The world is doing much better than the bad news makes us think
December 2, 2019, Washington Post
There is a natural human bias toward bad news. The title of a 1998 article in the Journal of Personality and Social Psychology sums it up: “Negative Information Weighs More Heavily on the Brain.” Negative stimuli get our attention much more than positive stimuli — which makes evolutionary sense for survival. Nice things are enjoyable; bad things can be deadly, so focus on them. And given that, in the news media, attention equals money, we can see the commercial reason for a lack of headlines such as “Millions not going to bed hungry tonight.” Frequently, however, the bad-news bias gives us a highly inaccurate picture of the world. For example, according to a 2013 survey, 67% of Americans think global poverty is on the rise, and 68% believe it is impossible to solve extreme poverty in the foreseeable future. Meanwhile, starvation-level poverty has decreased by 80% since 1970, according to economists at Columbia University and the Massachusetts Institute of Technology. The truth is that while there is plenty to worry about on any given day, the world is generally getting better. Fresh, comprehensive evidence of progress comes in the new Legatum Prosperity Index, based on data from 167 countries ... on 300 social and economic indicators of well-being. Across those dimensions, from 2009 to 2019, 148 of the 167 countries have seen net progress — much of it dramatic, and especially so among the poorest countries in the world.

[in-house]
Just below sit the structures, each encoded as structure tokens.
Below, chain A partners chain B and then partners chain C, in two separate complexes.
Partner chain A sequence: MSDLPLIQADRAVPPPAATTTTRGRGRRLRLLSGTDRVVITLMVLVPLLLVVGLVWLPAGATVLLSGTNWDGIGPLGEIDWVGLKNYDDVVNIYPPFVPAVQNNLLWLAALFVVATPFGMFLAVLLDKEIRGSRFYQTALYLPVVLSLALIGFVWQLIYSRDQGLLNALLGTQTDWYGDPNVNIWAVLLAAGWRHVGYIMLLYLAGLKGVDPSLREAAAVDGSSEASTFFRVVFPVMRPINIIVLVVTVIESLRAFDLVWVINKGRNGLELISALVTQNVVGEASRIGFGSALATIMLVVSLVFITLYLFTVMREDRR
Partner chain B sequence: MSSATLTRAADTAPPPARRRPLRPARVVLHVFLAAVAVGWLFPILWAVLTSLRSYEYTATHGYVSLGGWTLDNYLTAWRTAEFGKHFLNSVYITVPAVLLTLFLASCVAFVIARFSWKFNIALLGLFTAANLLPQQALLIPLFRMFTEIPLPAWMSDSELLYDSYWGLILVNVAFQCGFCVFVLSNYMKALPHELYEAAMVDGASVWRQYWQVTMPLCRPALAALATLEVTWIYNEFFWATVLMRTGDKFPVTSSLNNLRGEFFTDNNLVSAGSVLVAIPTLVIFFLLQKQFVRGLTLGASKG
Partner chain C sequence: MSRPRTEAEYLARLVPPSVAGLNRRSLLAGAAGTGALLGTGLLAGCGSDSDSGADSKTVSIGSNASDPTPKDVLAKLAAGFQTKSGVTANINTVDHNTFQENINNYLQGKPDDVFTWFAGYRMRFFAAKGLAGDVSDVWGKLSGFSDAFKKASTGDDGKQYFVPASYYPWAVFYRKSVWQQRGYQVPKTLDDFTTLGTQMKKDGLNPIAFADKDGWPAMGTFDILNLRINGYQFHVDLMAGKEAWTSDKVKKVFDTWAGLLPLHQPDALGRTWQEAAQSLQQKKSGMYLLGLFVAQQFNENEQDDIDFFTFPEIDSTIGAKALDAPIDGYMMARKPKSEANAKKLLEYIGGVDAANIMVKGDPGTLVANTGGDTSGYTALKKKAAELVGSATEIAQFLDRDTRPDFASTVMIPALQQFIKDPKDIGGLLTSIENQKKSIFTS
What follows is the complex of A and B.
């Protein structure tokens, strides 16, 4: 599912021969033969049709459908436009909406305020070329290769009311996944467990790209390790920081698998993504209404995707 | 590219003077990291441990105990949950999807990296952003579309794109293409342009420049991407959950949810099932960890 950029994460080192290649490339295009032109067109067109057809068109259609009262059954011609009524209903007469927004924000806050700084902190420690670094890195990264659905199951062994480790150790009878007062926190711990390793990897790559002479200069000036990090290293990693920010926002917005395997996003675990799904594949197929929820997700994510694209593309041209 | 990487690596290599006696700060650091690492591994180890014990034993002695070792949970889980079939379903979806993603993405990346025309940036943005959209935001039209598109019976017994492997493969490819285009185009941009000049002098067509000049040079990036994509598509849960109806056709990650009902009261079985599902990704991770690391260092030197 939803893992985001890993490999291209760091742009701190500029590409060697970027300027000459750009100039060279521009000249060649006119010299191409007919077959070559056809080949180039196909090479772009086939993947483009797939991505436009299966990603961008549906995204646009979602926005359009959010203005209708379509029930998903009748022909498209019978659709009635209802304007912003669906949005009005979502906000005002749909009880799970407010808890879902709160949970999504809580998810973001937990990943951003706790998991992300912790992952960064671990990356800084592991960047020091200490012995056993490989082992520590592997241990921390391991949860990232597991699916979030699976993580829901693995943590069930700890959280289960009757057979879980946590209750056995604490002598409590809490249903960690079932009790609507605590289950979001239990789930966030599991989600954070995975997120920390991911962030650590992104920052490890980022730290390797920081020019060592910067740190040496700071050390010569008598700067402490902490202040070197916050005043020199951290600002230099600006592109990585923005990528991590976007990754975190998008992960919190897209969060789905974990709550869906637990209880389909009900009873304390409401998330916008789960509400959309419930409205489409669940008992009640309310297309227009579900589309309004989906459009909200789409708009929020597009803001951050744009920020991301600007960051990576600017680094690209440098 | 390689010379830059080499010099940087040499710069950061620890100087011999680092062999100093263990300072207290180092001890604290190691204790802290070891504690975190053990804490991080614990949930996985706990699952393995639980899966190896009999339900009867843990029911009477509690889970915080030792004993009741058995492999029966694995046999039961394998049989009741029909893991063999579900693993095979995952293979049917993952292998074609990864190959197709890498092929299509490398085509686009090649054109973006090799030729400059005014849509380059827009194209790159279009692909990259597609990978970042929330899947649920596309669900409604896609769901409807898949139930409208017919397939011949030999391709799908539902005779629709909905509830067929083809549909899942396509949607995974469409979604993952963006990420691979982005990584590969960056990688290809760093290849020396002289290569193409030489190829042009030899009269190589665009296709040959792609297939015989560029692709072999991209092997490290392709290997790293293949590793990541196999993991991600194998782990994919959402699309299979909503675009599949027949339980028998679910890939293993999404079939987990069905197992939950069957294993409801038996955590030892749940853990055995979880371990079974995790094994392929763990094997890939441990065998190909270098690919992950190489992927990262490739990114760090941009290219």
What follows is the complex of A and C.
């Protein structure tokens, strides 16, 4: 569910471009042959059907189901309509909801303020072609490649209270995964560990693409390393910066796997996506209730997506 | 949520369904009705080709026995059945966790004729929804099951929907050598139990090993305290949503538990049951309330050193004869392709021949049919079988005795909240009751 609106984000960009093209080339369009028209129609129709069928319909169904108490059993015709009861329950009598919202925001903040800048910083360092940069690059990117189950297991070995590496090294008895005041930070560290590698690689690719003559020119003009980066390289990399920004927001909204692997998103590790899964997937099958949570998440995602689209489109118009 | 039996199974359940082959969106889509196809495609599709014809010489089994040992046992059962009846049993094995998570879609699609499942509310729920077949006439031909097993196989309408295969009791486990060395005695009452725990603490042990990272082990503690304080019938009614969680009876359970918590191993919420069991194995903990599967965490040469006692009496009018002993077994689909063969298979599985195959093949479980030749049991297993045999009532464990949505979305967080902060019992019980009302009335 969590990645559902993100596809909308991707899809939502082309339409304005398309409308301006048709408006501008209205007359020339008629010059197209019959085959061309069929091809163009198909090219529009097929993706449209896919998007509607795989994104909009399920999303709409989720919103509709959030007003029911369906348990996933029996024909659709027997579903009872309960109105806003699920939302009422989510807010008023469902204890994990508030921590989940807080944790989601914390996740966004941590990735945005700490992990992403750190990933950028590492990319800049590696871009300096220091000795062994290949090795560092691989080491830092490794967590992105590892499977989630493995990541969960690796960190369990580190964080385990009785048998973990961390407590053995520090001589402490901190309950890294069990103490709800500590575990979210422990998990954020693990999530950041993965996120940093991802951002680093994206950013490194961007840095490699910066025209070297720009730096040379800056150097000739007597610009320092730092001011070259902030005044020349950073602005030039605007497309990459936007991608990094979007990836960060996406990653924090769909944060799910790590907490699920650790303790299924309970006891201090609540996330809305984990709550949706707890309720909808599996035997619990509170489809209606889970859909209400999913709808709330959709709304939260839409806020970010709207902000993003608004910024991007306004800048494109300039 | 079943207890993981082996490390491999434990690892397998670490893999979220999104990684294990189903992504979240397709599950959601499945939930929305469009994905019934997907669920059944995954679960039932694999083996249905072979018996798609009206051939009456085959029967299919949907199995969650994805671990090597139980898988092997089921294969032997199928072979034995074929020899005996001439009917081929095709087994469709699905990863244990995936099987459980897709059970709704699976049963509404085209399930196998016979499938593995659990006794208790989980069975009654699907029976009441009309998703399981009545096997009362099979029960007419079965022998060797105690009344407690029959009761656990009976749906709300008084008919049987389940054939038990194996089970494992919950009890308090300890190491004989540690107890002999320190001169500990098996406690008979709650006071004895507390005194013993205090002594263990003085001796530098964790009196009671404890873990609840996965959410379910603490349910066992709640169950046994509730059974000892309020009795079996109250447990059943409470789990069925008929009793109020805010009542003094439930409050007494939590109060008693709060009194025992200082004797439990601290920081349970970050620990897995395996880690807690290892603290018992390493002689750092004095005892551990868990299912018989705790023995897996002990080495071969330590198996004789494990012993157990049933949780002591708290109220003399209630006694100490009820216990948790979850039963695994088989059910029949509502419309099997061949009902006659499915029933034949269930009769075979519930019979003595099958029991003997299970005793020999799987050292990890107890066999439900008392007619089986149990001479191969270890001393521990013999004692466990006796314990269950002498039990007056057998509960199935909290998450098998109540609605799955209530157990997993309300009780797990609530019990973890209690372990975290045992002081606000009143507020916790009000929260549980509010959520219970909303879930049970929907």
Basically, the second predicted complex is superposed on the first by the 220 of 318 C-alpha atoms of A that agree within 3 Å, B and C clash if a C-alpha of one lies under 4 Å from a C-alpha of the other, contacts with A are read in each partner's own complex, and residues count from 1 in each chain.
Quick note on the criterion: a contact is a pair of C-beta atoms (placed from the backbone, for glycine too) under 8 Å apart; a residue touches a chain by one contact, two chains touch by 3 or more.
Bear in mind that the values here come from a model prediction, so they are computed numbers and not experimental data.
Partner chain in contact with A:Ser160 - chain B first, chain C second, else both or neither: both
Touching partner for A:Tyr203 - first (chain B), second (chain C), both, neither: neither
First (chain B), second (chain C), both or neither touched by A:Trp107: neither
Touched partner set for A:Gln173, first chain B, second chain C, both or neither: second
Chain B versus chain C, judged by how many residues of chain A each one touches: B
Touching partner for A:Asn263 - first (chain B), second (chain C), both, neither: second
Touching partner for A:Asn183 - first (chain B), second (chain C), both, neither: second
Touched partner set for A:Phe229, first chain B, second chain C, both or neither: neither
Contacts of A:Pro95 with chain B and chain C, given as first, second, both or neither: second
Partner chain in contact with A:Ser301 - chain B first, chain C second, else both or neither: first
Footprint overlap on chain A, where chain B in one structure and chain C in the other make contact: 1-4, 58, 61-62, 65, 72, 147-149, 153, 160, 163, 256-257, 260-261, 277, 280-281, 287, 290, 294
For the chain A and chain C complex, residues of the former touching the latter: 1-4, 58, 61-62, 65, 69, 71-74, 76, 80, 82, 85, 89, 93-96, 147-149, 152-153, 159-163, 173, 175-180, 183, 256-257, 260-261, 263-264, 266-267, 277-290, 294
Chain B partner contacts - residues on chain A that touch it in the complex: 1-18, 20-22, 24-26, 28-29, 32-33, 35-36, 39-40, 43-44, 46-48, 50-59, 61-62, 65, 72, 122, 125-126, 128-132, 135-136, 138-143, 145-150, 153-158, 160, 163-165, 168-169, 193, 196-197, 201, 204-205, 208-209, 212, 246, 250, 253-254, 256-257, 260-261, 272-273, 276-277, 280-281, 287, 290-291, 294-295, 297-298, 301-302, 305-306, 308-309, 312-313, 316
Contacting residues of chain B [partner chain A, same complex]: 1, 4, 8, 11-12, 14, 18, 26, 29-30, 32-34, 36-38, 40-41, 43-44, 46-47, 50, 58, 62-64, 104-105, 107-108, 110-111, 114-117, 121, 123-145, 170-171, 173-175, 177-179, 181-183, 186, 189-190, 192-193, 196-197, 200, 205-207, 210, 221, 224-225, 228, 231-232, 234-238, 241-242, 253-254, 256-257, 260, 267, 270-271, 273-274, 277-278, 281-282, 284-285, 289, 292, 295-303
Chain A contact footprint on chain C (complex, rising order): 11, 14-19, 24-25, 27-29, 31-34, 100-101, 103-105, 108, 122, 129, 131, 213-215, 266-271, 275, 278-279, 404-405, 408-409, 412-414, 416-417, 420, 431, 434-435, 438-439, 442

Barbershop gives special discount to kids who read aloud
October 27, 2016, CBS News
In this small barbershop in Ypsilanti, Michigan, kids pick out a book and head to the chair. It’s like clockwork. That’s because children 12 and under who visit The Fuller Cut can get a $2 discount on their $11 haircut for doing a simple task: reading to the barber. It’s a program owner Alexander Fuller and barber Ryan Griffin started more than a year ago. And parents can’t get enough of it. The pair can’t take credit for the idea. They just happened to hear about other shops around the country taking part in a “read to your barber program,” and they decided to get on board. Fuller and his wife started ordering some books and Griffin brought in a shelf. Customers even joined the cause by donating old and used books. Before the pair knew it, kids were grabbing books off the shelf and hopping into the chair to start reading. Roughly 90 percent of kids grab a book that’s already on the shelf, Fuller says, but occasionally kids bring in books from home or school as well. “It gives them confidence in reading and helps us understand their comprehension of reading,” Fuller said. “The kids love it. It’s one of the best things that has come along for them.” Another bonus, Fuller added, is that it helps kids socialize. Not only does it improve their reading skills, but their manners as well. Whether you can read well or can’t read well, the barbers will help you along the way, Fuller reminds his customers. “It’s been a great experience so far, Fuller said.”